The Standing Liberty quarter was a 25-cent coin struck by the United States Mint from 1916 to 1930. It succeeded the Barber quarter, which had been minted since 1892. Featuring the goddess of Liberty on one side and an eagle in flight on the other, the coin was designed by sculptor Hermon Atkins MacNeil.
In circulation, the coin's date wore away quickly, and Mint engravers modified the design to address the issue in 1925. The Standing Liberty quarter was discontinued in 1931, a year in which no quarters were struck, when Congress passed an act that placed George Washington's profile on the quarter to celebrate the 1932 bicentennial of his birth.
By late 1924, Mint officials realized there was a problem with the quarter in circulation. Quarters were returning to the Mint with the date completely worn off. Unwilling to seek another act of Congress, Mint officials made the step on which the date appears recessed into the design, rather than raised from it. This change solved the problem; quarters from 1925 and after are more common and cheaper in lower grades as they have survived with their dates intact. This action was among the last acts of the Engraver's Department under Morgan, who died on January 4, 1925 and was succeeded by John R. Sinnock. The modification meant that the 1927-S, with a mintage of 396,000 is much cheaper in circulated grades than the 1923-S, with a mintage of 1,360,000, though the 1927-S is more expensive in uncirculated grades.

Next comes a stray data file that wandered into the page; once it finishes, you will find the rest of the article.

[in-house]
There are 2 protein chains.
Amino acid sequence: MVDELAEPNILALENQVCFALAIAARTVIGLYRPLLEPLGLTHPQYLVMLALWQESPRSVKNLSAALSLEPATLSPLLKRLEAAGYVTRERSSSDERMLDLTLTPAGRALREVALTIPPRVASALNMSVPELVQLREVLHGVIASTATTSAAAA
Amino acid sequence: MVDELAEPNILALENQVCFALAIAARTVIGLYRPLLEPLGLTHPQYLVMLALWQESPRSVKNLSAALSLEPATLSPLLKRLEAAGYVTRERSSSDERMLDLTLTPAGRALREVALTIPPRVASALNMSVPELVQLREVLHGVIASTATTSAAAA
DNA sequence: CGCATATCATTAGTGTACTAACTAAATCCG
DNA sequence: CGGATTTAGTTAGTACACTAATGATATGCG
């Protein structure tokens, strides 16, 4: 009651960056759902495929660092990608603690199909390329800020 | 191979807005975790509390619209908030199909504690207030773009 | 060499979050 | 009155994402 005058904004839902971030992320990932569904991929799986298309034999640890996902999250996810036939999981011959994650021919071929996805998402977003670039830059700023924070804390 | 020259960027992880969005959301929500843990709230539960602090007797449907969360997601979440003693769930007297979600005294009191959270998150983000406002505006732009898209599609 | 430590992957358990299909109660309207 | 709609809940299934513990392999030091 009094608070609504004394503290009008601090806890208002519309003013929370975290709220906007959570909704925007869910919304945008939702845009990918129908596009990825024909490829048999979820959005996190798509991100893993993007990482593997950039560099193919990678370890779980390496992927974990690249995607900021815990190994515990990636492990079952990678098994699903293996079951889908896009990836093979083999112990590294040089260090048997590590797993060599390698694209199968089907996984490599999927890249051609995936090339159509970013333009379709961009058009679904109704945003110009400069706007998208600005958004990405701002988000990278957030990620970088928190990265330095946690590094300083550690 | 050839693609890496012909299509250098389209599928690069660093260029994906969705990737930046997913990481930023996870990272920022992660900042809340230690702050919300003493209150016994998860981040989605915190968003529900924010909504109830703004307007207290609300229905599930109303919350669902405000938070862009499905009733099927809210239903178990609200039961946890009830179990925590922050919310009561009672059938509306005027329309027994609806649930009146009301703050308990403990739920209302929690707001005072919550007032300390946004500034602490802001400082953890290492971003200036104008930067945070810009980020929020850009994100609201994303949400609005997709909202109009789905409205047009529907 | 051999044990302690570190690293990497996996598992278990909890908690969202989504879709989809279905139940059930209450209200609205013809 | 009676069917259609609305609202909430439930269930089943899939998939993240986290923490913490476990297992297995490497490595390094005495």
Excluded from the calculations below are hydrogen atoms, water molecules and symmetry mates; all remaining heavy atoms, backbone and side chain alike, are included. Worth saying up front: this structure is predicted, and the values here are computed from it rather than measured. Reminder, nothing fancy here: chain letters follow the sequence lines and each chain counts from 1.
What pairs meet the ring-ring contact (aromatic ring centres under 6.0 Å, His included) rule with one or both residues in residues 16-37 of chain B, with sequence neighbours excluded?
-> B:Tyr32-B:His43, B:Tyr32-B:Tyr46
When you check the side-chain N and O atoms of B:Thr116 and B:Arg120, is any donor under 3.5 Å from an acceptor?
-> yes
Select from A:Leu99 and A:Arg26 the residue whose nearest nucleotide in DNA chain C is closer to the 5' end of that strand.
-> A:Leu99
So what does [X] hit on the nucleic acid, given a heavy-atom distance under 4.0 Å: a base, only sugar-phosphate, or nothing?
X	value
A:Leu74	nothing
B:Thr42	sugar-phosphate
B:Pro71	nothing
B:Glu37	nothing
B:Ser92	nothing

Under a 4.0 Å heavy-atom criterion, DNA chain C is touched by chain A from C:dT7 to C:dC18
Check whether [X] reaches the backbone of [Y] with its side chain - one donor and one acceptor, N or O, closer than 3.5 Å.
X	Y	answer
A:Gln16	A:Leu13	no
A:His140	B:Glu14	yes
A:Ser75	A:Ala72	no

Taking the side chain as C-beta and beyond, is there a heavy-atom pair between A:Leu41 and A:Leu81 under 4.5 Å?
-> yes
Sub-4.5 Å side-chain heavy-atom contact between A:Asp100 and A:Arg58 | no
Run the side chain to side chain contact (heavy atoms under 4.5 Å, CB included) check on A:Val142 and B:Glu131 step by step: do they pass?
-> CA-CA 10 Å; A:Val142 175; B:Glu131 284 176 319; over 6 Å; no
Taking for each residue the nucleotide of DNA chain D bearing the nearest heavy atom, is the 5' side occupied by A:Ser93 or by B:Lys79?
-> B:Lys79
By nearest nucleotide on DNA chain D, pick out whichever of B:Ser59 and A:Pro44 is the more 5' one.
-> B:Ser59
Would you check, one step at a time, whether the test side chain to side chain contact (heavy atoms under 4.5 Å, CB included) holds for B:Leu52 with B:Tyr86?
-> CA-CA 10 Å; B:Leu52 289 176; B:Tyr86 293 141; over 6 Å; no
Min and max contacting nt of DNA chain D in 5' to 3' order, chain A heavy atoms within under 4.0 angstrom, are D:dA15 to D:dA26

- Year :1929
- Coin Name: Standing Liberty
- Denomination: Quarter Dollars
- Designer :Hermon MacNeil
- Metal Content: 90% Silver , 10% Copper
- Weight: 6.15-6.35 grams
- Diameter: 24.3 millimeters
- Edge: Reeded